Transformations are a part of life. We are constantly being changed by things changing around us. Nobody can control that. Nobody can control the environment, the economy, luck, or the moods of others. Compositions change. Positions change. Dispositions change. Experiences change. Opportunities and attitudes change. You will change.
The sea has its moods. Sometimes it is melancholic and morose, other times fierce and feisty. But always passionate. Even when calm, one can sense the depth of the sea’s passion
Not all honey— she had concluded— had a specific use beyond what all honey is good for, sweetness and salves. But this honey, it was somehow so strong that it must be for something, though she had still not learnt what it was. The best she had come to was that this honey was for joy...
Emotions, moods, impulses, ebb and flow with the tide of my life. Tidal waves, at times, in a bipolar mind.
Imagine a young Isaac Newton time-travelling from 1670s England to teach Harvard undergrads in 2017. After the time-jump, Newton still has an obsessive, paranoid personality, with Asperger’s syndrome, a bad stutter, unstable moods, and episodes of psychotic mania and depression. But now he’s subject to Harvard’s speech codes that prohibit any “disrespect for the dignity of others”; any violations will get him in trouble with Harvard’s Inquisition (the ‘Office for Equity, Diversity, and Inclusion’). Newton also wants to publish Philosophiæ Naturalis Principia Mathematica, to explain the laws of motion governing the universe. But his literary agent explains that he can’t get a decent book deal until Newton builds his ‘author platform’ to include at least 20k Twitter followers – without provoking any backlash for airing his eccentric views on ancient Greek alchemy, Biblical cryptography, fiat currency, Jewish mysticism, or how to predict the exact date of the Apocalypse.Newton wouldn’t last long as a ‘public intellectual’ in modern American culture. Sooner or later, he would say ‘offensive’ things that get reported to Harvard and that get picked up by mainstream media as moral-outrage clickbait. His eccentric, ornery awkwardness would lead to swift expulsion from academia, social media, and publishing. Result? On the upside, he’d drive some traffic through Huffpost, Buzzfeed, and Jezebel, and people would have a fresh controversy to virtue-signal about on Facebook. On the downside, we wouldn’t have Newton’s Laws of Motion.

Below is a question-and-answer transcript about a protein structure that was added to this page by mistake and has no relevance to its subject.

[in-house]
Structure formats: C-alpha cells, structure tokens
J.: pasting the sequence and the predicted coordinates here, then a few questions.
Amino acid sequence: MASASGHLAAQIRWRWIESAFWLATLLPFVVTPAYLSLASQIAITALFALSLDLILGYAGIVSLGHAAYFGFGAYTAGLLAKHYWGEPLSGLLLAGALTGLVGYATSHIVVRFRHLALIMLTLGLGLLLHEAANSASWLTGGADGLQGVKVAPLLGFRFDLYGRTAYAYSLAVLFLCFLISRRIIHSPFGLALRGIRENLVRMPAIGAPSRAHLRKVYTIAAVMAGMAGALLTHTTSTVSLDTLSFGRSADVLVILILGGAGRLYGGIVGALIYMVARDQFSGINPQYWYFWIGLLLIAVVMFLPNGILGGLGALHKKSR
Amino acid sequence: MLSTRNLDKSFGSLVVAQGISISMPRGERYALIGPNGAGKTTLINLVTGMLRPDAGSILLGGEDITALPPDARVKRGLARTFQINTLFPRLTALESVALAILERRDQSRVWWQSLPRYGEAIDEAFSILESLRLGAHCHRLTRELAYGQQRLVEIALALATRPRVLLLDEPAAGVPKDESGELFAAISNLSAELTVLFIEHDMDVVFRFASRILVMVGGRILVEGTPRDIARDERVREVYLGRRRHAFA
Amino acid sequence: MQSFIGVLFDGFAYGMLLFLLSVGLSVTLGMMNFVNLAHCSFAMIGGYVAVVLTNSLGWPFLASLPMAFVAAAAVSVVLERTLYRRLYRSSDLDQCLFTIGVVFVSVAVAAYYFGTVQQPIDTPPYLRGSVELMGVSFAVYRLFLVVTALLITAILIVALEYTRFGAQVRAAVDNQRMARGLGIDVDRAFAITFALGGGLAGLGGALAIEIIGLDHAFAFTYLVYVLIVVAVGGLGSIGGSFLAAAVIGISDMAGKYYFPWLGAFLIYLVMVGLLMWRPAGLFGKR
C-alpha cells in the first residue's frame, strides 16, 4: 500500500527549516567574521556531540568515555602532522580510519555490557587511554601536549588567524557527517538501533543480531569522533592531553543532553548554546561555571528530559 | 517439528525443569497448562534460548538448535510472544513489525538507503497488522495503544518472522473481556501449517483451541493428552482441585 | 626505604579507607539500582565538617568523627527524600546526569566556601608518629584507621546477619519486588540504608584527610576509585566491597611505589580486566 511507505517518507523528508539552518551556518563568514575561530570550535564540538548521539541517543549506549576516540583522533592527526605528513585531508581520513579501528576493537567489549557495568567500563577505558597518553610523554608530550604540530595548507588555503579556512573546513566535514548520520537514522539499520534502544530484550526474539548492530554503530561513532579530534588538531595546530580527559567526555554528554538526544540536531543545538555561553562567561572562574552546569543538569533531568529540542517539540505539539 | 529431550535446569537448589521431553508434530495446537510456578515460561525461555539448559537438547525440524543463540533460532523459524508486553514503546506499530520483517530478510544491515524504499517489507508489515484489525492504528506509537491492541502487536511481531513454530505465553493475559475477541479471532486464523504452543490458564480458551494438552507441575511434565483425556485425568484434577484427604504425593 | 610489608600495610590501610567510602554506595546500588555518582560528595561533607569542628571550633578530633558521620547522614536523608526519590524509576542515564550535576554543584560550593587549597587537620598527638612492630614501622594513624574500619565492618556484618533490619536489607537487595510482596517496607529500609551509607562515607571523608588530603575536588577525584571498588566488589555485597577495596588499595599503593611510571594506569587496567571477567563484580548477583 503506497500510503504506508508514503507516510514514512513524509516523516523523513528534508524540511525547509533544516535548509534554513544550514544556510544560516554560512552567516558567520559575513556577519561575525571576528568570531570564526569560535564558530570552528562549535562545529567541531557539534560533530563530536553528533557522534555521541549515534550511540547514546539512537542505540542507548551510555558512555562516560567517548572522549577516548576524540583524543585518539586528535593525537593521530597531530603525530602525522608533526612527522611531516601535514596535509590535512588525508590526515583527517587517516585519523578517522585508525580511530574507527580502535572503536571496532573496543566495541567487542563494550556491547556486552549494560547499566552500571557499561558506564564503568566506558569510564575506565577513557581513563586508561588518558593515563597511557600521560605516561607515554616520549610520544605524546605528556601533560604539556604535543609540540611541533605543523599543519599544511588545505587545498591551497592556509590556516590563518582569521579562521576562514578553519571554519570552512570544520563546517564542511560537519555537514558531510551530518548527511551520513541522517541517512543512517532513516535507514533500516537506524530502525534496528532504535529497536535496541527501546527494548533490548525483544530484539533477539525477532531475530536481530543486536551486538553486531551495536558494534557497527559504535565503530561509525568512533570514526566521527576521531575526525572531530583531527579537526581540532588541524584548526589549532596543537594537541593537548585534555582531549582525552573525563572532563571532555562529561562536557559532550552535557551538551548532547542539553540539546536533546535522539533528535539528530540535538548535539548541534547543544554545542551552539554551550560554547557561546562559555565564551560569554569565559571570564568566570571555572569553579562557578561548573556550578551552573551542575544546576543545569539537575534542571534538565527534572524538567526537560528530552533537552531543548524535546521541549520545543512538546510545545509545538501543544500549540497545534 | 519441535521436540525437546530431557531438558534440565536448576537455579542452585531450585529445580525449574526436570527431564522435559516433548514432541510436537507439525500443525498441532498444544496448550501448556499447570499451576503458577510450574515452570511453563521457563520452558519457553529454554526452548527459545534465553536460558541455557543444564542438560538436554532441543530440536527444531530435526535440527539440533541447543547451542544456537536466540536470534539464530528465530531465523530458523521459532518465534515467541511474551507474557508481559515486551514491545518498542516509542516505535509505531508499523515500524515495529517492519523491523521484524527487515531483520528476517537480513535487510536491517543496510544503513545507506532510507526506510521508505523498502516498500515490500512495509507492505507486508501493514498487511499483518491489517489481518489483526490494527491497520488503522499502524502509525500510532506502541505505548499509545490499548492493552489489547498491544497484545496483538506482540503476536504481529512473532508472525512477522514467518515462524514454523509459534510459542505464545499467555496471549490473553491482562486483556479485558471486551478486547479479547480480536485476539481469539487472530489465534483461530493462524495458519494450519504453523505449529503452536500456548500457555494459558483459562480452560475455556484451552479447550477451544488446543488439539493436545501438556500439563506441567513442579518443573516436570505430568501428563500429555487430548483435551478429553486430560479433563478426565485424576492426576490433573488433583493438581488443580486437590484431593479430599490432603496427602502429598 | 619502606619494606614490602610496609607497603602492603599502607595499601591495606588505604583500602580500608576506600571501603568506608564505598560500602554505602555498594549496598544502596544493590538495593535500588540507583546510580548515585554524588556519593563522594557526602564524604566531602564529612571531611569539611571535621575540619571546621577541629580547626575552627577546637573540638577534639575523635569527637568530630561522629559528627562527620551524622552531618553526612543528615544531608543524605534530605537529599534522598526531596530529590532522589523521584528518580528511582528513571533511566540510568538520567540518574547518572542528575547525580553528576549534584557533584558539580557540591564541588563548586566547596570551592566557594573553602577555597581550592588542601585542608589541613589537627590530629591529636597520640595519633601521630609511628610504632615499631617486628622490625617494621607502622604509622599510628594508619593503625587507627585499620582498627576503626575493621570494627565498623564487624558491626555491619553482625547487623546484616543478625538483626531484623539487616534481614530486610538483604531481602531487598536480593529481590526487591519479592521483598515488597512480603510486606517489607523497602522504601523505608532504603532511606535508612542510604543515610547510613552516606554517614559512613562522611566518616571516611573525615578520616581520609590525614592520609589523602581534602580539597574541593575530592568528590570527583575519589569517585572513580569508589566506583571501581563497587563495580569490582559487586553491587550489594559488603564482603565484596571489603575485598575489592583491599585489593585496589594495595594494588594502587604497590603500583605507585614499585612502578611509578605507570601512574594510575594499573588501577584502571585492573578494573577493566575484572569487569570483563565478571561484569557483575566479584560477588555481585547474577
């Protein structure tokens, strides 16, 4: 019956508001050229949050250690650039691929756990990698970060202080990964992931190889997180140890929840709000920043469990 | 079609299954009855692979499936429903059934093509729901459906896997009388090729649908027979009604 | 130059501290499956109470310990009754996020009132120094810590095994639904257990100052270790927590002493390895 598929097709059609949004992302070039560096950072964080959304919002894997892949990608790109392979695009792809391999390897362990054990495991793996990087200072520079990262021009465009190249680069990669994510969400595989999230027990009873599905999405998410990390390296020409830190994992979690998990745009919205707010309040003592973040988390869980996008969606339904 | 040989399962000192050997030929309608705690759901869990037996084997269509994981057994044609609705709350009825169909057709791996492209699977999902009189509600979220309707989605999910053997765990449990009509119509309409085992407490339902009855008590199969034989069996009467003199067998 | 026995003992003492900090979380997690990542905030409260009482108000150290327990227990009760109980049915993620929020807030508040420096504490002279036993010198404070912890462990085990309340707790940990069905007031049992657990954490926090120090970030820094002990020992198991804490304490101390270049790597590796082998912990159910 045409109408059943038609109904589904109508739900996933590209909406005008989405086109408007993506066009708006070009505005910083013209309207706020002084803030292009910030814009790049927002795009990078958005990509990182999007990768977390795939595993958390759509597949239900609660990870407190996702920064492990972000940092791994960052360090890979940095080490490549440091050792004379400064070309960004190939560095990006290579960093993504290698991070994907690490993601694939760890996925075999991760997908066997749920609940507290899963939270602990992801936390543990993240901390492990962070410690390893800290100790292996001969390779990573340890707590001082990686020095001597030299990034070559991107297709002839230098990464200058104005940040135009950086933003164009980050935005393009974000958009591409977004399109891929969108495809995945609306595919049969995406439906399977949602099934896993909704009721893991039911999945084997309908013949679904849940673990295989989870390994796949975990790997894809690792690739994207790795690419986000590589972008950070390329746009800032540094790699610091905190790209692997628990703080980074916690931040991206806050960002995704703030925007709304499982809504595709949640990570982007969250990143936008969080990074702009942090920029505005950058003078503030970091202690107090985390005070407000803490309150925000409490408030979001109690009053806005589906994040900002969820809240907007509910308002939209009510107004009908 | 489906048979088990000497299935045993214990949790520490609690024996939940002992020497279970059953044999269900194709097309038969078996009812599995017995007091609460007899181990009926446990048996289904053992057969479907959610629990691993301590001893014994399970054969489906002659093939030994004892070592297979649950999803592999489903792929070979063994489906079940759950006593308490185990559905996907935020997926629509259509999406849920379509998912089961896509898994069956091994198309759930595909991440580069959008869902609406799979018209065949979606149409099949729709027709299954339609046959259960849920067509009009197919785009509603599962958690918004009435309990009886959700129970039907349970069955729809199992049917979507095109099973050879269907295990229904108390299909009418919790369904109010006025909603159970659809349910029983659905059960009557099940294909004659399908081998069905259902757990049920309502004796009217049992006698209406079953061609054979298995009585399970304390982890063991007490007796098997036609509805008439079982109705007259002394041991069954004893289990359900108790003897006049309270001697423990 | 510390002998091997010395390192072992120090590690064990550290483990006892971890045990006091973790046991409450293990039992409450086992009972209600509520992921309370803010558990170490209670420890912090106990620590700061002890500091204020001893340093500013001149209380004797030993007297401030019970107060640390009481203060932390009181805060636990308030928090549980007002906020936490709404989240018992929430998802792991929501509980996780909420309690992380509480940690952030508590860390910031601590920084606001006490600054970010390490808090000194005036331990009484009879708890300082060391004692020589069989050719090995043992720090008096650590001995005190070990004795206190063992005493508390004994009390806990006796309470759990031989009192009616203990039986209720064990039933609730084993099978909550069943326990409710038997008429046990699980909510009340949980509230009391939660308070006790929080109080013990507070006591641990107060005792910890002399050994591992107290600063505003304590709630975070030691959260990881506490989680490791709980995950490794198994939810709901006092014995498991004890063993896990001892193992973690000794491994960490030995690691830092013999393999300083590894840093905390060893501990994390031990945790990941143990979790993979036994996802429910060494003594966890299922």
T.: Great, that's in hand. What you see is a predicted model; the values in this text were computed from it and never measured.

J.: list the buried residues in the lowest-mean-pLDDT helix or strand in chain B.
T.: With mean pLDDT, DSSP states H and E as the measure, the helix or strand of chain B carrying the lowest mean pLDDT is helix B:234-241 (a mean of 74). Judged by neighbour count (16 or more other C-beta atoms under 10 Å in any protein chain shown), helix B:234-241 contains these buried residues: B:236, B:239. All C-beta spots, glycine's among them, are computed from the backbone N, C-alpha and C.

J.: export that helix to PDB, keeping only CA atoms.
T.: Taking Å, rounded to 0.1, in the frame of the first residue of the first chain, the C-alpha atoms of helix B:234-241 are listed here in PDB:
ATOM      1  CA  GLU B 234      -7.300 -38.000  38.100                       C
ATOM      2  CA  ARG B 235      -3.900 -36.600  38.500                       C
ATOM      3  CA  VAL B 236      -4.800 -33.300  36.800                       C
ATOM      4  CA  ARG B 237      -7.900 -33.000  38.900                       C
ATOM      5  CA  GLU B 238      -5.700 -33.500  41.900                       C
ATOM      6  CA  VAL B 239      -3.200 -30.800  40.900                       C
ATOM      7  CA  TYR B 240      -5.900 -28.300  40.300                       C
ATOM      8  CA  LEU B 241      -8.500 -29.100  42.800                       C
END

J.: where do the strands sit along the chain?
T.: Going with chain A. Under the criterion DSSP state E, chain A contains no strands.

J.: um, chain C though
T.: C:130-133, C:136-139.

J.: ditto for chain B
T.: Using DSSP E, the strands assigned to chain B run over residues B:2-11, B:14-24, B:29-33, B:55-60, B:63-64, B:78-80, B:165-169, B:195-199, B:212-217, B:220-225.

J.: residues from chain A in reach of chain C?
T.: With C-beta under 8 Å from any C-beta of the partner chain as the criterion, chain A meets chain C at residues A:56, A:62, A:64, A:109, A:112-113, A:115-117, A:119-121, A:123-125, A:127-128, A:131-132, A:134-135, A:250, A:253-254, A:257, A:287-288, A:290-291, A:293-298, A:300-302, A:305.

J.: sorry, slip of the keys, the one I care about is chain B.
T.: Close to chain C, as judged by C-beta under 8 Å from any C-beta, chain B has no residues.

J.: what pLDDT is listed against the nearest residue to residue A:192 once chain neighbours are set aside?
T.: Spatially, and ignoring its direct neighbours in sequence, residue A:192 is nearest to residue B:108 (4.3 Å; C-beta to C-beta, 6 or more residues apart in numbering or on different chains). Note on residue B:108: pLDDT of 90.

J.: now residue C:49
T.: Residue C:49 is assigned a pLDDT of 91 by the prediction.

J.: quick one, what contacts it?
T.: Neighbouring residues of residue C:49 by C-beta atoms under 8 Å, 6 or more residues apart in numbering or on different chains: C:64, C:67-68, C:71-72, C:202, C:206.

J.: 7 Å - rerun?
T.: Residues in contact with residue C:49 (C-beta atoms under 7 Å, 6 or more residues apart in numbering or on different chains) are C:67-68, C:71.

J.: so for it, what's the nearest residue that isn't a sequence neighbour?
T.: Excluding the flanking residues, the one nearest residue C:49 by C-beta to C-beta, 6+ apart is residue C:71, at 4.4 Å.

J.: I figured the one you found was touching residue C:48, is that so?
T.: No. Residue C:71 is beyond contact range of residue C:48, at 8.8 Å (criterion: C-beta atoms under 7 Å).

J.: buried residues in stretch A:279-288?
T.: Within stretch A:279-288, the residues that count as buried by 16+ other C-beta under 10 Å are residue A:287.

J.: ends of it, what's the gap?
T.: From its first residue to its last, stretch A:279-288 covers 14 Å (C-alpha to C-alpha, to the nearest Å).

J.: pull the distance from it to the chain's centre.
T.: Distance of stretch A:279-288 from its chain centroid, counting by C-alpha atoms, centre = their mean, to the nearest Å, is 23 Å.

Ignoring to change your thoughts and beliefs wouldn't fail to cause your negative mood to remain unchanged.
I don’t know why we take our worst moods so much more seriously than our best, crediting depression with more clarity than euphoria. We dismiss peak moments and passionate love affairs as an ephemeral chemical buzz, just endorphins or hormones, but accept those 3 A.M. bouts of despair as unsentimental insights into the truth about our lives.
The 'dance of love' has different themes and moods, just like every relationship has its highs and lows. Enjoy the high moments and hang-on during the downtimes. The diverse range of emotions is the experience that builds you two. Your ability to perfectly switch between these moments and make the best out of the one you find yourself per time, proves that you are not only involved in the relationship like the chicken is in the business of making eggs but also very committed to it like the pig is in the business of making bacon.
This susceptibility to impressions had been his undoing, no doubt. Still at his age he had, like a boy or a girl even, these alternations of mood; good days, bad days, for no reason whatever, happiness from a pretty face, downright misery at the sight of a frump.
It is a myth that women are the more complicated sex. Men too, have their moods and whims. They too, respond to every gauntlet that is thrown at them, either overtly or covertly.